OBJECTIVE: To determine whether 'spiking' or angulation of the tibial tubercle is associated with other radiographic markers of osteoarthritis (OA) or pain in the knee joint, and could be taken as a reliable marker for early OA, in a large general population sample. METHODS: A total of 950 women from the Chingford general population survey underwent anteroposterior extended weight bearing radiography of the knees. Angulation of the tip of the medial and lateral tubercles, and height of the tubercles above the tibial plateau were measured. These measures were compared with standard radiographic indices including qualitative Kellgren and Lawrence global score, individual scores of osteophytes and joint space narrowing, and pain score. Intraobserver and interobserver reproducibility for assessment of spiking was tested in a subgroup of 50 films using two observers and two readings. Tibial spiking (angulation and height) was defined for this study as the top 10th centile for the whole population. Patients with normal radiographs (Kellgren and Lawrence grade 0) were allocated to quartile groups on the basis of spiking to define severity. Odds ratios were then calculated for the association of spiking and knee pain. RESULTS: The majority of the measures of tibial spiking were highly reproducible. There was a significant correlation between tibial spike angulation and the presence of osteophytes, but not joint space narrowing. The correlations for spike height with osteophytes and joint space narrowing were poor. There was an association between spike angulation at the lateral tubercle and reported knee pain (odds ratio 1.45 (95% confidence interval 1.03 to 2.03)) after adjustment for age, body mass index, and Kellgren and Lawrence score. There was no association between medial spike angulation or spike height and pain. Among the 950 women, 683 (72%) had normal radiographs (Kellgren and Lawrence = 0); in this group there was a similar association between pain and lateral spike angulation, but not medial spike angulation or spike height. CONCLUSIONS: Tibial spiking is associated with the presence of knee osteophytes and is reproducible, but does not have a strong independent relationship with knee pain. In patients with normal radiographs there is no useful correlation between tibial spiking and pain. Isolated tibial spiking is not a reliable sign of early knee OA, and should not routinely be reported.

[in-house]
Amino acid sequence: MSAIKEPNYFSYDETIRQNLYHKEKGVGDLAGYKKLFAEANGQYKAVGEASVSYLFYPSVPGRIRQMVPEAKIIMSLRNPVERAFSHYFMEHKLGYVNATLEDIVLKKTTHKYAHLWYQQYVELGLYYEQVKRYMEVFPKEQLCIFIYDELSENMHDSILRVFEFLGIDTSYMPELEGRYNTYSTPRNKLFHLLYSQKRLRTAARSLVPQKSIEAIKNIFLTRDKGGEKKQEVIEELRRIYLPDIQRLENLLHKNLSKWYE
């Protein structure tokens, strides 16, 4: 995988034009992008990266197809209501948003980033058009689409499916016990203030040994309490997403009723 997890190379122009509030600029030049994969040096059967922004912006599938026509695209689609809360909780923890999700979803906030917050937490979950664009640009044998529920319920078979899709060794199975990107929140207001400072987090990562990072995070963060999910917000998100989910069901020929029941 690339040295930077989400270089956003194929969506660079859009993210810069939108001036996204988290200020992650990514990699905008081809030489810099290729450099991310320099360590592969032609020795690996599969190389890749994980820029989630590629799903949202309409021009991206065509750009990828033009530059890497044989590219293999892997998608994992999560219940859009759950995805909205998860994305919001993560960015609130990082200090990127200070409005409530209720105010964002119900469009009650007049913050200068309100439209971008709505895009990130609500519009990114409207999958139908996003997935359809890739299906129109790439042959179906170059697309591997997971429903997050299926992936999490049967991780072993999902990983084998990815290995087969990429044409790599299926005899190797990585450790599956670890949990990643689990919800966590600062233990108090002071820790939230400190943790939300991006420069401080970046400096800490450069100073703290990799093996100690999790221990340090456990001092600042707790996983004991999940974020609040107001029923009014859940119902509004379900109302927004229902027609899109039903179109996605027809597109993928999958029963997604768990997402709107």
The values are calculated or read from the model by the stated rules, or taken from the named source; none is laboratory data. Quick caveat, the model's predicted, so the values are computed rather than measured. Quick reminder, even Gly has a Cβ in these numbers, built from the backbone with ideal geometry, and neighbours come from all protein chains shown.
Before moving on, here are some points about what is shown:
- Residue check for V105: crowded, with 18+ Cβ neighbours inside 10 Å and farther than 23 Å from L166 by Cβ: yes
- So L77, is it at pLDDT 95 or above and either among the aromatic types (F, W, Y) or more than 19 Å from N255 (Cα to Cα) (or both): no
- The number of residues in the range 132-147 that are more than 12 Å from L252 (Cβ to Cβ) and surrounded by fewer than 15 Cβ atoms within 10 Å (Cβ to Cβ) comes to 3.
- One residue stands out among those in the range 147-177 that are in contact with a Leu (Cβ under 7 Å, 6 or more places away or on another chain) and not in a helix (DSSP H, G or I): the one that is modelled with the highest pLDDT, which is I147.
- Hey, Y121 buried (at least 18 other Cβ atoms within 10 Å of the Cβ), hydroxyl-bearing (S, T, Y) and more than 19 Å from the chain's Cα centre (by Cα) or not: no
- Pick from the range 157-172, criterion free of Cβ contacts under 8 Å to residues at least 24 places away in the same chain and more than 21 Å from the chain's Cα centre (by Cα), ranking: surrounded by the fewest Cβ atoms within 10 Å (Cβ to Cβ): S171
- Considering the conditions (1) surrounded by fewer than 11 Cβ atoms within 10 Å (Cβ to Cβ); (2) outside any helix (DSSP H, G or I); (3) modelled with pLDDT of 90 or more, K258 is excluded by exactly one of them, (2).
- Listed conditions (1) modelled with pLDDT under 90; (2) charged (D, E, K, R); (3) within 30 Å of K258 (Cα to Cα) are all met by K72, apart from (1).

PMCID: PMC1010103  PMID: 8712859